Well, Rami and I spent a few days in Rome, during which time we were routinely enamored of the architecture, enjoyed some of the best food we’ve ever had in our lives, and tried to take in as much of the city as was possible in such hot weather.
From a tourist’s perspective, Rome is a bustling city that unmercifully assaults your senses. Visually, it’s colorful and ornate, and the juxtaposition of ancient and modern is an impressive thing to see. The city smells alternately of mouthwatering eats and of piss. The summer sun beats down on your shoulders, and you’re left pouring sweat while the Italians that surround you look perfectly comfortable and hygienic in their Armani suits. The main streets of Rome are loud, buzzing places, while the smaller streets and alleys that lie just around the corner are typically quiet other than the sound of the occasional scooter zooming past. And the food, the food is divine.
Pizza with prosciutto
We Americans, particularly we Italian Americans, particularly we Italian Americans who live on the east coast, are accustomed to the pleasures of good pasta, pizza, and the like. I never, however, could have possibly anticipated the superiority of Italian pizza. It is simple, plentiful, and cheap. The crust crunches with perfection. The flavors are fresh and pure and strong. If I ever get back to Italy, getting a slice of pizza will be among the first things I do.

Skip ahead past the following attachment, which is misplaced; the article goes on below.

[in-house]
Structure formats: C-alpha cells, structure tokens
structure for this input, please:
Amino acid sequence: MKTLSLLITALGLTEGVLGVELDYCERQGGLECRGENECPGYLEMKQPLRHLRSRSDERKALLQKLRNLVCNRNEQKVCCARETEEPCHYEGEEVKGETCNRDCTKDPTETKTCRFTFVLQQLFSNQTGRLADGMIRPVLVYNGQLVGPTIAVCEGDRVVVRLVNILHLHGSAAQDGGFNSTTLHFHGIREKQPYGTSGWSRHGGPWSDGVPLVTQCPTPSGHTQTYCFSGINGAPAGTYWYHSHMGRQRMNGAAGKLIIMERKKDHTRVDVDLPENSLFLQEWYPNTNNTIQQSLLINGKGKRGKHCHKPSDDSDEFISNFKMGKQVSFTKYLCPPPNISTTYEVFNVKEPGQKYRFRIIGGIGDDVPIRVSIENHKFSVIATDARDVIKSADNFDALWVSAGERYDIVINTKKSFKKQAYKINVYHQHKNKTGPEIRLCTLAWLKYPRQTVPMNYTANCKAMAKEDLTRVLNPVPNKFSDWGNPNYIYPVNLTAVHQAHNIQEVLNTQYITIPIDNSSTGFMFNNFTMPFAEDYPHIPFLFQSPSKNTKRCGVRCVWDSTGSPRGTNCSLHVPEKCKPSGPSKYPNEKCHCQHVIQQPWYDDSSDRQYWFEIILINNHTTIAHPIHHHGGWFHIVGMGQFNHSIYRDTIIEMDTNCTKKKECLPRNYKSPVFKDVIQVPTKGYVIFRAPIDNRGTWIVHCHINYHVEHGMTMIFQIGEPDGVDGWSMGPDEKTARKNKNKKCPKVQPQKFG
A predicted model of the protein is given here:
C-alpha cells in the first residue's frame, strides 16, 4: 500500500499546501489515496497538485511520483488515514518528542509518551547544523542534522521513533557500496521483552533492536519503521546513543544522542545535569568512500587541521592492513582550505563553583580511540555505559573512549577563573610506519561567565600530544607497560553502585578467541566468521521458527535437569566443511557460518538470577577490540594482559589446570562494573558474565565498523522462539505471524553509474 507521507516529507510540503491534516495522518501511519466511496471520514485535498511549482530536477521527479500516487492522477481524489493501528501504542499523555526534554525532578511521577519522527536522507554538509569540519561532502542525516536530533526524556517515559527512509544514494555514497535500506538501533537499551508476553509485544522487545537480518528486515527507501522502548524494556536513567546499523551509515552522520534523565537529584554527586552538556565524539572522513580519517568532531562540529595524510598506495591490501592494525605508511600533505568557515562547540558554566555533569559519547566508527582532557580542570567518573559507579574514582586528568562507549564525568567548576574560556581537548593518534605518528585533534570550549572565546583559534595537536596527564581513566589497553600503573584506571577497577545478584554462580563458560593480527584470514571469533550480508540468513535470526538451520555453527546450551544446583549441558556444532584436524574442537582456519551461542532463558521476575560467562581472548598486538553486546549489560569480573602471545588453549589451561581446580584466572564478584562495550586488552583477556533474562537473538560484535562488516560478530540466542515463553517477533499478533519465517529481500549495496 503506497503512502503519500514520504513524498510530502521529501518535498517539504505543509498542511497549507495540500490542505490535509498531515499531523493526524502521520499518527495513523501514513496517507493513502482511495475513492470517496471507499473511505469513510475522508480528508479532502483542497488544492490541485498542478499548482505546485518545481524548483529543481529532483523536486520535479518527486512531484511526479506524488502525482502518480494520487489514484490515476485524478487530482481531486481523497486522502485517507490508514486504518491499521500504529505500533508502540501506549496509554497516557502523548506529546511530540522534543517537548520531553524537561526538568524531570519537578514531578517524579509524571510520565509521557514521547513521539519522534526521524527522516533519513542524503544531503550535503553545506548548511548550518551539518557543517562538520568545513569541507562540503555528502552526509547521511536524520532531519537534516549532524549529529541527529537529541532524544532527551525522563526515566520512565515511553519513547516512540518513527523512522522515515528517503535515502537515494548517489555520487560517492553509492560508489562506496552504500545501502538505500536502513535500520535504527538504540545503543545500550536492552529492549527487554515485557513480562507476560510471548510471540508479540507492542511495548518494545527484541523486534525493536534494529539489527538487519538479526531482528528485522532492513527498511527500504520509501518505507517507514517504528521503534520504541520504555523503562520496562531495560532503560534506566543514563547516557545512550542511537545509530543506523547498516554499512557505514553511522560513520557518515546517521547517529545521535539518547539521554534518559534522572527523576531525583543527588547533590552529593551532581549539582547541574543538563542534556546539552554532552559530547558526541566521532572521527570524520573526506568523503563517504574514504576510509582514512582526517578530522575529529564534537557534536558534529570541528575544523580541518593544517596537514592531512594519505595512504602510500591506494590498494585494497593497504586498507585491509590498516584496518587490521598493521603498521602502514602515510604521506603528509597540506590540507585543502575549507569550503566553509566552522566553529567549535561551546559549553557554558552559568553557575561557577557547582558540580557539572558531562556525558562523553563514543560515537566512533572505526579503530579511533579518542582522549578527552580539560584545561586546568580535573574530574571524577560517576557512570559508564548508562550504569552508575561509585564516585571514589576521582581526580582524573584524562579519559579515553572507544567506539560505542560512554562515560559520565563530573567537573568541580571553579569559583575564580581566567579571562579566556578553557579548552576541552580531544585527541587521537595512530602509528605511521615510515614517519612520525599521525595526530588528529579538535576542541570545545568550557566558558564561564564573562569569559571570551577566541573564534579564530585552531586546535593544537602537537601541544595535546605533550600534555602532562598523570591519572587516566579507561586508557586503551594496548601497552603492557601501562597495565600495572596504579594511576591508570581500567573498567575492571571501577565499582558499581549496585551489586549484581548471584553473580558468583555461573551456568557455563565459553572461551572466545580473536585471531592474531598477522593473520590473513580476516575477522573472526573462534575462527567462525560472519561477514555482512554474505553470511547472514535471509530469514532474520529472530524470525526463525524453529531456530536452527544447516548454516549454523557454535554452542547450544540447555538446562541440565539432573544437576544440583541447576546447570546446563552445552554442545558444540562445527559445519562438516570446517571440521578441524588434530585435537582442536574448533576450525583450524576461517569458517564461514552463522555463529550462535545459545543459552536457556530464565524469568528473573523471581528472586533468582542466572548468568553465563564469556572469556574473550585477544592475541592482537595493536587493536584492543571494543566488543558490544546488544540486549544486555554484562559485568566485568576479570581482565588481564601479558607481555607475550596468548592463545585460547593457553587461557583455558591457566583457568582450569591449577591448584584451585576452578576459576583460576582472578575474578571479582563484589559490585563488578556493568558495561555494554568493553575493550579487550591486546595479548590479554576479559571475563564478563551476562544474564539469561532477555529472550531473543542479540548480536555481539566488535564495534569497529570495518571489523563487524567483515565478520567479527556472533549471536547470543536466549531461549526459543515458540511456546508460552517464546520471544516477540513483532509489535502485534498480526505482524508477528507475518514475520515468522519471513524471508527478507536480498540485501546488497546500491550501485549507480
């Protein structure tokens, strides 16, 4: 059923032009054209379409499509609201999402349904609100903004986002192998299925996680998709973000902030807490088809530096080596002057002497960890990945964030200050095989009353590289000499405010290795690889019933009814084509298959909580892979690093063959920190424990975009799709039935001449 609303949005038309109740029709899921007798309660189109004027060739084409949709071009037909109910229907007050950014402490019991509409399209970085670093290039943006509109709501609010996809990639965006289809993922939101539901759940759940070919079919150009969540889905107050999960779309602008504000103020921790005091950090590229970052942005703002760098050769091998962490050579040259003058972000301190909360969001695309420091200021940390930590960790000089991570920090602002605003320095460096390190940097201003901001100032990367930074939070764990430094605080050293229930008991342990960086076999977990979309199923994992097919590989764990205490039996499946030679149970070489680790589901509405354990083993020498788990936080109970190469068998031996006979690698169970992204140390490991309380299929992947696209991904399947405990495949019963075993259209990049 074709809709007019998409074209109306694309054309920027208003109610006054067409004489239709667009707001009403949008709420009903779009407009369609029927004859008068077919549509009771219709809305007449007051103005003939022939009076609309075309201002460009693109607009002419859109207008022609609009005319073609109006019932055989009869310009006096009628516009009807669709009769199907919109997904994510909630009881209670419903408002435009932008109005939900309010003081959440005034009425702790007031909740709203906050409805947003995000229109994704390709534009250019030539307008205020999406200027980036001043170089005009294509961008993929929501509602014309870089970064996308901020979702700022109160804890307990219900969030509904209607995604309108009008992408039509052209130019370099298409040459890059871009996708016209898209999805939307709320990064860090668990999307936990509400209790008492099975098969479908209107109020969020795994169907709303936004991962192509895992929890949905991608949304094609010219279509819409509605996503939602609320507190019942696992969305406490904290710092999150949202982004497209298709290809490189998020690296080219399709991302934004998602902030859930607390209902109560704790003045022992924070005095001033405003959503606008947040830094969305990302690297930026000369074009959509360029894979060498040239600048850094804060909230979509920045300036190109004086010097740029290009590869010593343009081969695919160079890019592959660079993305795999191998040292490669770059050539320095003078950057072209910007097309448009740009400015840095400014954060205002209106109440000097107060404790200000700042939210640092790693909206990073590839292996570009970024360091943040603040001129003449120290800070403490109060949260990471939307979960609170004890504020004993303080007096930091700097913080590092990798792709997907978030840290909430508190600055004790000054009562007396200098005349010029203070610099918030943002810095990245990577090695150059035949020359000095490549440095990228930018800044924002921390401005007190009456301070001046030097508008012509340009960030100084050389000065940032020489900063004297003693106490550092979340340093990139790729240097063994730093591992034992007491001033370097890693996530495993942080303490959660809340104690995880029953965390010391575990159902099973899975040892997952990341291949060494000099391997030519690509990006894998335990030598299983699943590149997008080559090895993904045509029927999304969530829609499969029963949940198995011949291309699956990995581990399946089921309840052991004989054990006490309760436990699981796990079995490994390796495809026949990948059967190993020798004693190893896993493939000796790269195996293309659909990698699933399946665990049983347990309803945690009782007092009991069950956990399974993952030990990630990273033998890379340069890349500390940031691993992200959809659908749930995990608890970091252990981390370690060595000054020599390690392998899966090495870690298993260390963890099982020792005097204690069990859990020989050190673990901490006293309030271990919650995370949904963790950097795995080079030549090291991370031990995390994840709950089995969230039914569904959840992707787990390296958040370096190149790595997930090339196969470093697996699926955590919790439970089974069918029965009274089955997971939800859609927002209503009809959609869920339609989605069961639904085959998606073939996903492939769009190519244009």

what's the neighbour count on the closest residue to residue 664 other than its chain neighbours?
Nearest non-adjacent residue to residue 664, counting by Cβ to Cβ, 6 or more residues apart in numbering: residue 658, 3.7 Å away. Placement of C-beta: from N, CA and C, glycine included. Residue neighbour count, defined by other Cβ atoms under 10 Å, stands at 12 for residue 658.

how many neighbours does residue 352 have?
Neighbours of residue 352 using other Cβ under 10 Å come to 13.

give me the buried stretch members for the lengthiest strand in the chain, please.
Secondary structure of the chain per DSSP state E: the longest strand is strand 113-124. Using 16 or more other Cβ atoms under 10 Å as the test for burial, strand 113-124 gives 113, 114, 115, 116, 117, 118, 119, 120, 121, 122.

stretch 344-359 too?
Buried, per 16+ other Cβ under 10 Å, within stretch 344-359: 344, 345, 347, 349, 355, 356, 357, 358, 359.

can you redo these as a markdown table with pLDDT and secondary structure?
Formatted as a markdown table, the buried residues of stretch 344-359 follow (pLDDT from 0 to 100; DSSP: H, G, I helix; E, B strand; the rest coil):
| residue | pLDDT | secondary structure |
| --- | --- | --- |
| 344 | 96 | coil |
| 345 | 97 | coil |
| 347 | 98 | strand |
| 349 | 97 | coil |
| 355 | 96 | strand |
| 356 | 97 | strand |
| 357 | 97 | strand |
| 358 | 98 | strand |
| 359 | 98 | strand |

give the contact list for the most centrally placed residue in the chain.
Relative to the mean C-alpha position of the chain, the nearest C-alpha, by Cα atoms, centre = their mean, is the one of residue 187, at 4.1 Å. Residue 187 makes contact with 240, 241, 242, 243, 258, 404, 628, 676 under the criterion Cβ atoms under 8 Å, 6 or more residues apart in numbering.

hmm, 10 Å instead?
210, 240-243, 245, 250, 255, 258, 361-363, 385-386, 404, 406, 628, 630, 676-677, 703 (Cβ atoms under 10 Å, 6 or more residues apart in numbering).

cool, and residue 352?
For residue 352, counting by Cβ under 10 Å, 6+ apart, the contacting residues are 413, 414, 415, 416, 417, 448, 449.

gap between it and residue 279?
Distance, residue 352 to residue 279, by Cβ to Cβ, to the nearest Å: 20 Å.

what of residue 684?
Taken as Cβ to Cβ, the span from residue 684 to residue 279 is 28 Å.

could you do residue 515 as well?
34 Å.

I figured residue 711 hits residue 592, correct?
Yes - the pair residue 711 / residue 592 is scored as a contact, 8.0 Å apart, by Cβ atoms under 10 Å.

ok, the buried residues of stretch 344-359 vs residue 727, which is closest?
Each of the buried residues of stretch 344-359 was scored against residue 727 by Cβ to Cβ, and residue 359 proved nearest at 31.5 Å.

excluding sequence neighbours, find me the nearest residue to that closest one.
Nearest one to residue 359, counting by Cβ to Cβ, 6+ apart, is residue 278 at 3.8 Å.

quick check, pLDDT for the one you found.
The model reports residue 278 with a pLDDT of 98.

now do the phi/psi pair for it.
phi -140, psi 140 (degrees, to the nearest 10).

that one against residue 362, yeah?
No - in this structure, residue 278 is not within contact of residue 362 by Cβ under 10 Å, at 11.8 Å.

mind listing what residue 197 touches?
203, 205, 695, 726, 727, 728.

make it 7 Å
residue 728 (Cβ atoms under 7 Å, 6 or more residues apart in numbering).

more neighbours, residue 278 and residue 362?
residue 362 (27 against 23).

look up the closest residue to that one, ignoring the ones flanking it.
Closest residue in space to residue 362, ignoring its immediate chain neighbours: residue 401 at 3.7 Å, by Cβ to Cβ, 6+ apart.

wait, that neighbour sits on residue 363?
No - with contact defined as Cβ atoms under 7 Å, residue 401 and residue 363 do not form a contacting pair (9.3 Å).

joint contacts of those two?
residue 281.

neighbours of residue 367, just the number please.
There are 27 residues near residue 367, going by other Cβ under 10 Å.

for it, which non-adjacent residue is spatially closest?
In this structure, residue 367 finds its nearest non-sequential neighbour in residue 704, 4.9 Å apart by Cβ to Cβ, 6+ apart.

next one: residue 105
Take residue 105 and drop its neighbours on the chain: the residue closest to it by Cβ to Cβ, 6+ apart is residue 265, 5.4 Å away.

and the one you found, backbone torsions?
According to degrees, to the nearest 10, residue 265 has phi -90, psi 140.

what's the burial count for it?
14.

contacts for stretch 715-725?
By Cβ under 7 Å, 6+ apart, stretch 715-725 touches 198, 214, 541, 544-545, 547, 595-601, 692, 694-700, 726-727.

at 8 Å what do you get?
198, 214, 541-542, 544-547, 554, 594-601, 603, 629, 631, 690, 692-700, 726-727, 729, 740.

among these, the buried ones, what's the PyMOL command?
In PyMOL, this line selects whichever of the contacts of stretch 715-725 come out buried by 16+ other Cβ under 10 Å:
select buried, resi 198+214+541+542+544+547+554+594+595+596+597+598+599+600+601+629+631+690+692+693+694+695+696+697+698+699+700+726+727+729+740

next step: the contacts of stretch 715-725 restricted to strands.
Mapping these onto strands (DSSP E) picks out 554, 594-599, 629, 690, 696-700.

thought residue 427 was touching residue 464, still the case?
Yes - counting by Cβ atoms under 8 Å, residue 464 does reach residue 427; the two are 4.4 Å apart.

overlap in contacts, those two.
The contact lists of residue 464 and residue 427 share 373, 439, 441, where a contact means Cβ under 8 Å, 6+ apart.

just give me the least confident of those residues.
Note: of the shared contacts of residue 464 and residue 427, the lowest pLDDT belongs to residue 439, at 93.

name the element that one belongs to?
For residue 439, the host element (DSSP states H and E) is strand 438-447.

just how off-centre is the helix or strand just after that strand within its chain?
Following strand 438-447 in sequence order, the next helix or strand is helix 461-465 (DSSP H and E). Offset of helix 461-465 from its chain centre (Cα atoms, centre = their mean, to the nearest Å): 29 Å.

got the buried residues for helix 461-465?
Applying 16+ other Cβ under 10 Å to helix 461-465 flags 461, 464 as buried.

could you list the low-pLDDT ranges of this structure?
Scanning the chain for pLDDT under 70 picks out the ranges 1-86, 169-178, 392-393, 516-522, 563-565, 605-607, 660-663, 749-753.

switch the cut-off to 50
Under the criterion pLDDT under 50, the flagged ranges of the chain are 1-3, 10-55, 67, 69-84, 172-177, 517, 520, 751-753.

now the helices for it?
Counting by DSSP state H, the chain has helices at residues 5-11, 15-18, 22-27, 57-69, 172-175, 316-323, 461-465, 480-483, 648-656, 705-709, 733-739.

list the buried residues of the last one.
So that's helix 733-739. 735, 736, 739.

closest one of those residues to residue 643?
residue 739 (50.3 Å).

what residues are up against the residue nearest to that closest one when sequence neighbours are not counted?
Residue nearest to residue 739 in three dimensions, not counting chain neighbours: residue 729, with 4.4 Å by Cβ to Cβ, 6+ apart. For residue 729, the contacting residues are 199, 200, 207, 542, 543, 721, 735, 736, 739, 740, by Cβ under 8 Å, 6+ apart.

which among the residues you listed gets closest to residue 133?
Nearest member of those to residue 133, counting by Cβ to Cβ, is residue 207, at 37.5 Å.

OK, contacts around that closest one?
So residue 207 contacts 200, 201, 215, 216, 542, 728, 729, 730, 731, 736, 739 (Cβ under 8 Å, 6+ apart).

We were lucky enough to have two affordable restaurants across the street from us, so we were easily able to avoid the expensive and mediocre restaurants aimed at tourists. One of the nicest things about these restaurants is the fact that you can get a very decent half litre of red wine for five euros.
Mmmm, wine and mineral water
As for activities that did not revolve around food, we really enjoyed just walking around with only a vague destination in mind. For the most part, we did not plan the sites we wished to see in advance, and we simply stumbled on various attractions through the process of exploring. Rome is surprisingly compact, and there is something to see almost everywhere.
My favorite tourist attraction may have been Fontana di Trevi, which was just as I described – right behind a corner.
My favorite street, however, was Via Borgo Pio, located near the Vatican. It was a bit touristy, but the buildings were so typically Italian, and the smells were so tantalizing. While walking down this street, snapping photos, I realized how lucky I was to be there, and that I would never see anything like it at home or elsewhere.
A lot of people have asked me if I saw the Colosseum. The answer is yes, but we didn’t go inside. The line was very long and we were harassed by plenty of vendors and would-be tour guides. I did get a pretty good snap of the exterior, though.
We also spent one day at the beach in order to escape the city heat. Swimming in the Mediterranean was bliss. The water was refreshing and noticeably cooler than the air, but still extremely warm, especially in comparison to the icy Atlantic or to Lake Saimaa. The water had a high salt content, and floating along the surface of the waves was more than pleasant.
If you have’t already ascertained this, the trip was unforgettable. I wish my grandfather were alive, as I know he’d be thrilled by my travels, and I have so many things I’d like to ask him.